Tuesday, March 29, 2011

Challenge--or the Perfectionist's Math Test

Today's word is Challenge.

Just as a follow up to my last post, I did have the surgery to remove the skin cancer today, and so far, I feel pretty good.  I suspect there will be some pain tomorrow, but the doctor assures me that this will probably be the end of the skin cancer.  Now I just have to be hyper-vigilant in making sure I don't get any more. There's a challenge, no?

So on to today's challenge....T2 is a bright second grader whose teacher talks about her glowingly at our conferences.  "She's always working hard and trying to learn as much as she can."  She loves school and is completely challenged by every single opportunity, however mundane it may seem.  She finds a challenge in every boring homework worksheet and creates curriculum for fantasy classes that she teaches to her stuffed animals, always simultaneously reinforcing her own learning.

Today, she came home crestfallen with a timed math paper on which she received a 2 out of 15.  Apparently, she "got stuck" on a problem, she says, and did not finish the test.  T1, of course, was announcing this all over the house, soliciting glances of ire from T2's eyes.  If she could have "Superman-heat-vision-ed" him, she would have.  The problem she got stuck on was this word problem:

"Mrs. Tan has 23 stickers.  She will give 5 children an equal numbers of stickers.  How many stickers will each child get?  5? 4? 3? or 6?" 

T2 took the problem to mean that there was an even number of stickers overall, not just an even number to each child.  On her paper, she grouped the stickers into 5s and couldn't for the life of her figure out what to do with the other 3 stickers.  She never moved on.  In her note, the teacher said, "remember--don't spend all of your time on one problem--move on!"

Here is the challenge.  Clearly T2 is a perfectionist.  In this age of high achieving children in a "Race to Nowhere," T2 is starting from a very young age to see herself as exceptional.  She is perpetually the highest scorer in the class.  When frustrations like this trip her up, she is working with what psychologist Carol Dweck calls in her book "Mindset," a "fixed mindset" that if she can't figure out what frustrates her, she is no longer smart.  How can I let my highly self-critical daughter know that mistakes are part of the learning process?  And that messing up this timed math test is exactly what she needed to do in this moment to learn how to be a test taker?  And how can I assure her that tests are not a measure of her intelligence or ability to solve the problems?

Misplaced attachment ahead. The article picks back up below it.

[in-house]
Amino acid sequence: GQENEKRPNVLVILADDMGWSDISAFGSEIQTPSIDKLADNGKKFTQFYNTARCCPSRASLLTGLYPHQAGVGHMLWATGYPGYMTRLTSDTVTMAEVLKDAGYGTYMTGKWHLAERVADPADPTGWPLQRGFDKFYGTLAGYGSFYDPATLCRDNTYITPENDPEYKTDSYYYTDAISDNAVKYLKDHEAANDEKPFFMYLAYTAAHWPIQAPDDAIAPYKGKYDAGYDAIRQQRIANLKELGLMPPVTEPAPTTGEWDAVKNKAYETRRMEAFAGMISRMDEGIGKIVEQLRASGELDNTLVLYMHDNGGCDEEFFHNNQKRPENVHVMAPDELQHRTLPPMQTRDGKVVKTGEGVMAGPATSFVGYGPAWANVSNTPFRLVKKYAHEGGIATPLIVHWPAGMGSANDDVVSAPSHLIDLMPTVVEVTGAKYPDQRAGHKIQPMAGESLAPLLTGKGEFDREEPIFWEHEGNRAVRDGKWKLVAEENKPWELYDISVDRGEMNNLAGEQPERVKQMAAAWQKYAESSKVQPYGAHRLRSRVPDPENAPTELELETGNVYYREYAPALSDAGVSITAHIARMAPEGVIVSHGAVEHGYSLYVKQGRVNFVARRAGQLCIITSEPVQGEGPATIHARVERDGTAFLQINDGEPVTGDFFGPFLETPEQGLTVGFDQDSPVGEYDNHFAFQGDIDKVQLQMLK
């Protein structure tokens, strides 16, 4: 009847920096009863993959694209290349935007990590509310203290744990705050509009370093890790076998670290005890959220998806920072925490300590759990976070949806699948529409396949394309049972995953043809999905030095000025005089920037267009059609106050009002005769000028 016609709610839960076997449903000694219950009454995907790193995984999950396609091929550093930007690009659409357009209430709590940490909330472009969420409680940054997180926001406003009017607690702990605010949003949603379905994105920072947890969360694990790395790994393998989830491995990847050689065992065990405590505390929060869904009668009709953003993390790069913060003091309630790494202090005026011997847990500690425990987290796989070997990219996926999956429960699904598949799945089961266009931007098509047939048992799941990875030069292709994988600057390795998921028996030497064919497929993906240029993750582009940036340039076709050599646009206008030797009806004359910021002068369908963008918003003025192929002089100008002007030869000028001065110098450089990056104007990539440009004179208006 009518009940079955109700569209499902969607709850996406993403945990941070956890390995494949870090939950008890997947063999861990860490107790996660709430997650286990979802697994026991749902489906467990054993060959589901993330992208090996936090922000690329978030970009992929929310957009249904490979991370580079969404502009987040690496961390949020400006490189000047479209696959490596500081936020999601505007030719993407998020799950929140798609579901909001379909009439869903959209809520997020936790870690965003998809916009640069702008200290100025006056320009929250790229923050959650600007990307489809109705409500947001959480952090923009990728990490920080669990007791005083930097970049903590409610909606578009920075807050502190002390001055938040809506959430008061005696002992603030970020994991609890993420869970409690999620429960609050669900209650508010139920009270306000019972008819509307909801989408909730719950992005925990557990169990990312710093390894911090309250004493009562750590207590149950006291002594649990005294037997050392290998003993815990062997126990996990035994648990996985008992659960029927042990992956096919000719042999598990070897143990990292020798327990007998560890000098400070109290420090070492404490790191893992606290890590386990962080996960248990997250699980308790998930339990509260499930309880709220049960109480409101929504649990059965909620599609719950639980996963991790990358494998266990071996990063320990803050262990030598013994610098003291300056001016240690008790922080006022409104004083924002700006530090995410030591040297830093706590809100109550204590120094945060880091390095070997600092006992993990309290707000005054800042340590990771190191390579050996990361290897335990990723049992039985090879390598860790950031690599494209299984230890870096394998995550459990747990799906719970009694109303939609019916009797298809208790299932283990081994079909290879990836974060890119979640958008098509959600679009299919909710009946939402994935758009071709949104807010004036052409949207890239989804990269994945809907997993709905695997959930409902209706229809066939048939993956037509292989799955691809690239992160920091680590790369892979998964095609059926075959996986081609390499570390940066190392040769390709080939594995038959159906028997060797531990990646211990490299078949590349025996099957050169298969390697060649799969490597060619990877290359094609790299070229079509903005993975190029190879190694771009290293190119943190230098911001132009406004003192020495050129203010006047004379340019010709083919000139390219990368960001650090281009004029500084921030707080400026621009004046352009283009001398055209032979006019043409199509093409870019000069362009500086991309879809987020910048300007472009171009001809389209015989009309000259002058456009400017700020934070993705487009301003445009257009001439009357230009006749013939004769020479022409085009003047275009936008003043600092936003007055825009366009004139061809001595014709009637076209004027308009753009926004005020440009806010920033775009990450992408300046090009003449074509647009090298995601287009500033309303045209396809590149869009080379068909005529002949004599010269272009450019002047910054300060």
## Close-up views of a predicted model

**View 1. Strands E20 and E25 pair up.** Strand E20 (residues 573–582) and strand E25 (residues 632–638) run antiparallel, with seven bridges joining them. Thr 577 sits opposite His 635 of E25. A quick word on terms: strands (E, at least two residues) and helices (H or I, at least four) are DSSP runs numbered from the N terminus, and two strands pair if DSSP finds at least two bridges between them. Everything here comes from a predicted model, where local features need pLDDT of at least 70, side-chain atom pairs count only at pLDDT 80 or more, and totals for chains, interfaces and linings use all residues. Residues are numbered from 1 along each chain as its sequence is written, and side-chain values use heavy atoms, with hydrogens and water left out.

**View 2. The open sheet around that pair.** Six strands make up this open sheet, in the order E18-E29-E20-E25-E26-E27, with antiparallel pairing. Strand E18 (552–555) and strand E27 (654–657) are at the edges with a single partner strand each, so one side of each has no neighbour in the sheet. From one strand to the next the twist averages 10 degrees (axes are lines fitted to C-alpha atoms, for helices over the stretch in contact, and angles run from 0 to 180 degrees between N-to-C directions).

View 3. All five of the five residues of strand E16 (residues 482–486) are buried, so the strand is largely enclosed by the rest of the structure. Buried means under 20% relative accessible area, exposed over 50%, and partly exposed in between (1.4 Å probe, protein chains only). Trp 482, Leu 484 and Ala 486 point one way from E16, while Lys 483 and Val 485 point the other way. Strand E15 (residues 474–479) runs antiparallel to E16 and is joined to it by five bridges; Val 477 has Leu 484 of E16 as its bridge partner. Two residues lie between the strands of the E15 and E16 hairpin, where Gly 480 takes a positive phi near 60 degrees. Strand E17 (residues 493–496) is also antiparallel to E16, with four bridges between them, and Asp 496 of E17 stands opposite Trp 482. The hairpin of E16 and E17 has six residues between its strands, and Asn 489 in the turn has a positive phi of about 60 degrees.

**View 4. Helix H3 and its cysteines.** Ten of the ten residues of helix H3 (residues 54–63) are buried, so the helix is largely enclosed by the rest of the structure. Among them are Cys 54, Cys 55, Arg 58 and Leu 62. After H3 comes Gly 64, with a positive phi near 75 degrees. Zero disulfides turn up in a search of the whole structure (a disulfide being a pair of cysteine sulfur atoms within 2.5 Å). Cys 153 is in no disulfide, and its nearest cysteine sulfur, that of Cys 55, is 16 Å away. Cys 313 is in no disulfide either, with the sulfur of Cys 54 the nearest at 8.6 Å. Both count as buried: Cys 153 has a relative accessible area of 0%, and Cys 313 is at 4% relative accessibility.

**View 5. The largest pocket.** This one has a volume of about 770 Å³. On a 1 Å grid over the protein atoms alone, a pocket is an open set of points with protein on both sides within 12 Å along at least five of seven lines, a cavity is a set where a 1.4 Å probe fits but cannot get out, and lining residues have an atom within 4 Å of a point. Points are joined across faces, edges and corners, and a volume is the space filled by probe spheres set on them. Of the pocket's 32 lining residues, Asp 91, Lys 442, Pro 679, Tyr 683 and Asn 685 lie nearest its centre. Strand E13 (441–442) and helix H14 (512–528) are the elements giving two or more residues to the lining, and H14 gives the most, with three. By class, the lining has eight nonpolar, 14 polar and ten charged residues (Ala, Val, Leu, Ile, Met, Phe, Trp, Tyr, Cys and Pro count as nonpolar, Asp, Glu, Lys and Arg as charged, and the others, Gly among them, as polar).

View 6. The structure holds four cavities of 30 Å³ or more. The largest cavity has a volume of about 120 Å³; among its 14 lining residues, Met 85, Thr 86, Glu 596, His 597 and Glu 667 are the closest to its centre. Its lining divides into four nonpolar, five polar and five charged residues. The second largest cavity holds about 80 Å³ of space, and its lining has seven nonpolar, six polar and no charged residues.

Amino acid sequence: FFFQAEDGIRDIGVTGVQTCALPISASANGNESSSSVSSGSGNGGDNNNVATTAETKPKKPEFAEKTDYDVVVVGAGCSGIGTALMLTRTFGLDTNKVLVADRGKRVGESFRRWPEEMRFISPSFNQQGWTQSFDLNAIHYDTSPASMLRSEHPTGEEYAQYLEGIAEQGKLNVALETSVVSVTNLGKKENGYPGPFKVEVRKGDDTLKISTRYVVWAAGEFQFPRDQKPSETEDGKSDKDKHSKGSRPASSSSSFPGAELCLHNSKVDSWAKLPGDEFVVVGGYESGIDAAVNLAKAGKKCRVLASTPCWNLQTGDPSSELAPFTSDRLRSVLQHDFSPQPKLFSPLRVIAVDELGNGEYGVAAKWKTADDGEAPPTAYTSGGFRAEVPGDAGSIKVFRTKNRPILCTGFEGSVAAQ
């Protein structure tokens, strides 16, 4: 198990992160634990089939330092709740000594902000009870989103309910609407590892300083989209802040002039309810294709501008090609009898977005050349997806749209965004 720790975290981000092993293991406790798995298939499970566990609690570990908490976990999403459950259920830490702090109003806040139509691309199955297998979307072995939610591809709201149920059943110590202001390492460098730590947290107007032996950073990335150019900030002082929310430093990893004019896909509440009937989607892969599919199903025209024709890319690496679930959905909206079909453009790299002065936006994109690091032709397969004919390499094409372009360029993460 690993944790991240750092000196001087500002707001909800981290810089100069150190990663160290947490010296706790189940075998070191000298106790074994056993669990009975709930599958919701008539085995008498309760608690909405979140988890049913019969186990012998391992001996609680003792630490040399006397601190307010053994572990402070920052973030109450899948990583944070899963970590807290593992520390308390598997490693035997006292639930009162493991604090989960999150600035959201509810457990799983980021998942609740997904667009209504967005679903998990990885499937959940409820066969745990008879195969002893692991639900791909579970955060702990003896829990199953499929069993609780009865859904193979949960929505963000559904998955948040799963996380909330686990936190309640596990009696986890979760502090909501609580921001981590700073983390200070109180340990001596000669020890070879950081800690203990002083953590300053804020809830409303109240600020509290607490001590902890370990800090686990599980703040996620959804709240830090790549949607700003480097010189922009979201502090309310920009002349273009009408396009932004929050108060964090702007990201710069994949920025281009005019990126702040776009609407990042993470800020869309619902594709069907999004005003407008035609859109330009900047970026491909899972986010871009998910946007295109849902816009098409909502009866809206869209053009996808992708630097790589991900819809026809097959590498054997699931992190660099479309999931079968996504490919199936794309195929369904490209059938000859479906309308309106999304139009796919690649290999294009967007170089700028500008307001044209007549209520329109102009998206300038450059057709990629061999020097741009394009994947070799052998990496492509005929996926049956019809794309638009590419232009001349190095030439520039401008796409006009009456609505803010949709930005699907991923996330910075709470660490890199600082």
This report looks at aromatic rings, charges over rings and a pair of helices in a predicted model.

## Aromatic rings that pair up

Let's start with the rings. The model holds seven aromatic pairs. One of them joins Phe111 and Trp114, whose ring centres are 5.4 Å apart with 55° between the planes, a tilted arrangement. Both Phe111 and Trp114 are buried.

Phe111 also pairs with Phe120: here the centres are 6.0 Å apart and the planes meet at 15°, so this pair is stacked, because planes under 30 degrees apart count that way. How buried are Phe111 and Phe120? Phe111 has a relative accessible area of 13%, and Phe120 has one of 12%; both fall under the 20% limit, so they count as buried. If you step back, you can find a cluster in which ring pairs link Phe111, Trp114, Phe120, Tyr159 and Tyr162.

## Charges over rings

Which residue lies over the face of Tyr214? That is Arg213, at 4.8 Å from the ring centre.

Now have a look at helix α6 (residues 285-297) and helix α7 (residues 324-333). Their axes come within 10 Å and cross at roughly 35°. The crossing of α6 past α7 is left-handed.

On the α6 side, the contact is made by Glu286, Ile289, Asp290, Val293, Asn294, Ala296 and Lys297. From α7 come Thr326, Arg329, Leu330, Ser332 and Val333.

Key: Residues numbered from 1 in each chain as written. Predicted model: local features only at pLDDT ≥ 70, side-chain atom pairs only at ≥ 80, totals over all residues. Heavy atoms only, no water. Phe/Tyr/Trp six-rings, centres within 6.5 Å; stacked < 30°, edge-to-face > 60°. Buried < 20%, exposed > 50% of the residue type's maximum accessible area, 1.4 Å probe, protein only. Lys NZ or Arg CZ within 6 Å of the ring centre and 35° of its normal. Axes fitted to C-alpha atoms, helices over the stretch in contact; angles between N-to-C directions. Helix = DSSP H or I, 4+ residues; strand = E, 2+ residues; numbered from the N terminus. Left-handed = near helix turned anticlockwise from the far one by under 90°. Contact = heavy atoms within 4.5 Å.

What DG and I did do was reflect back her feelings of disappointment in her paper.  Not a judgment of her work, but rather a comforting, "Yeah, that probably felt extremely frustrating when you couldn't get that answer" kind of  way.  Then DG asked her the rest of the questions on the test, to show her that she did know the material.  He explained "remainder," so that she would have a logical explanation for why there were extra in the problem.  Her self deprecation was assuaged for the time being.

But what about the next time?  I praised her effort, not her intelligence, like Dweck says, and crossed my fingers that this will be what she takes with her to the next test. 


Making It Work Mom said...

Oh that is a hard one. I love the quotes and theories you were using.

My oldest is a perfectionist and always refuses help!!!

My son is not a perfectionist, but takes every not so good grade so hard that it breaks my heart. He starts standardized testing tomorrow and I am so worried for him. Not that he will do badly on the testing, but that he will feel badly about it.

I think you guys did a great job with her.

MomAgain@40 said...

You are handling it perfectly/exceptionally! It is a great lesson to her... Maybe just tell her to go on in test, and while her (very intelligent) mind is busy working at that problem, she can finish the rest and come back to it! So, always give her mind some time to "process" and then come back...

notmytree said...

Oh man. I was exactly like that, all throughout high school too. I beat myself up over B grades. But now that I'm in college, that's definitely changed.

You can't freak out anymore when you get anything less than a 3.9 or 4.0, because it happens a lot. I still do well, never below a 3.3 in a class (and that's only happened twice), but it's just not worth feeling bad about if I honestly did the best I could with the time and resources available.

I'd love to talk to T2 about school when you guys come up to visit. It sounds like she and I have a lot in common.

clueless but hopeful mama said...

OY. I can see pieces of this in my four year old and I wonder how to handle it. We talk ALL THE TIME about how making mistakes IS learning. That it's actually hard to learn if you don't make mistakes. So when I make a 'mistake' (a term we apply loosely) I talk out loud all about it ("Oh look! I spilled a little water because I was trying to hold too many cups at once! I guess next time I'll chose to hold only one cup at a time!")

I'm pretty sure, though, that this technique won't fly with an older, wiser kid! :-)

Cafe Pasadena said...

How are you doing Twin Mom? Haven't been blogging regularly. Pray things are looking up for you since the cancer scare.

Yasmin @ alittlelessfluff said...

Its tough. My daughter is rather a perfectionist and very independant. Her brother on the other hand (twins) is the total opposite. They are two years old, but I can see now already how schooling could work out. *sigh*

Just came across your blog and love it. :)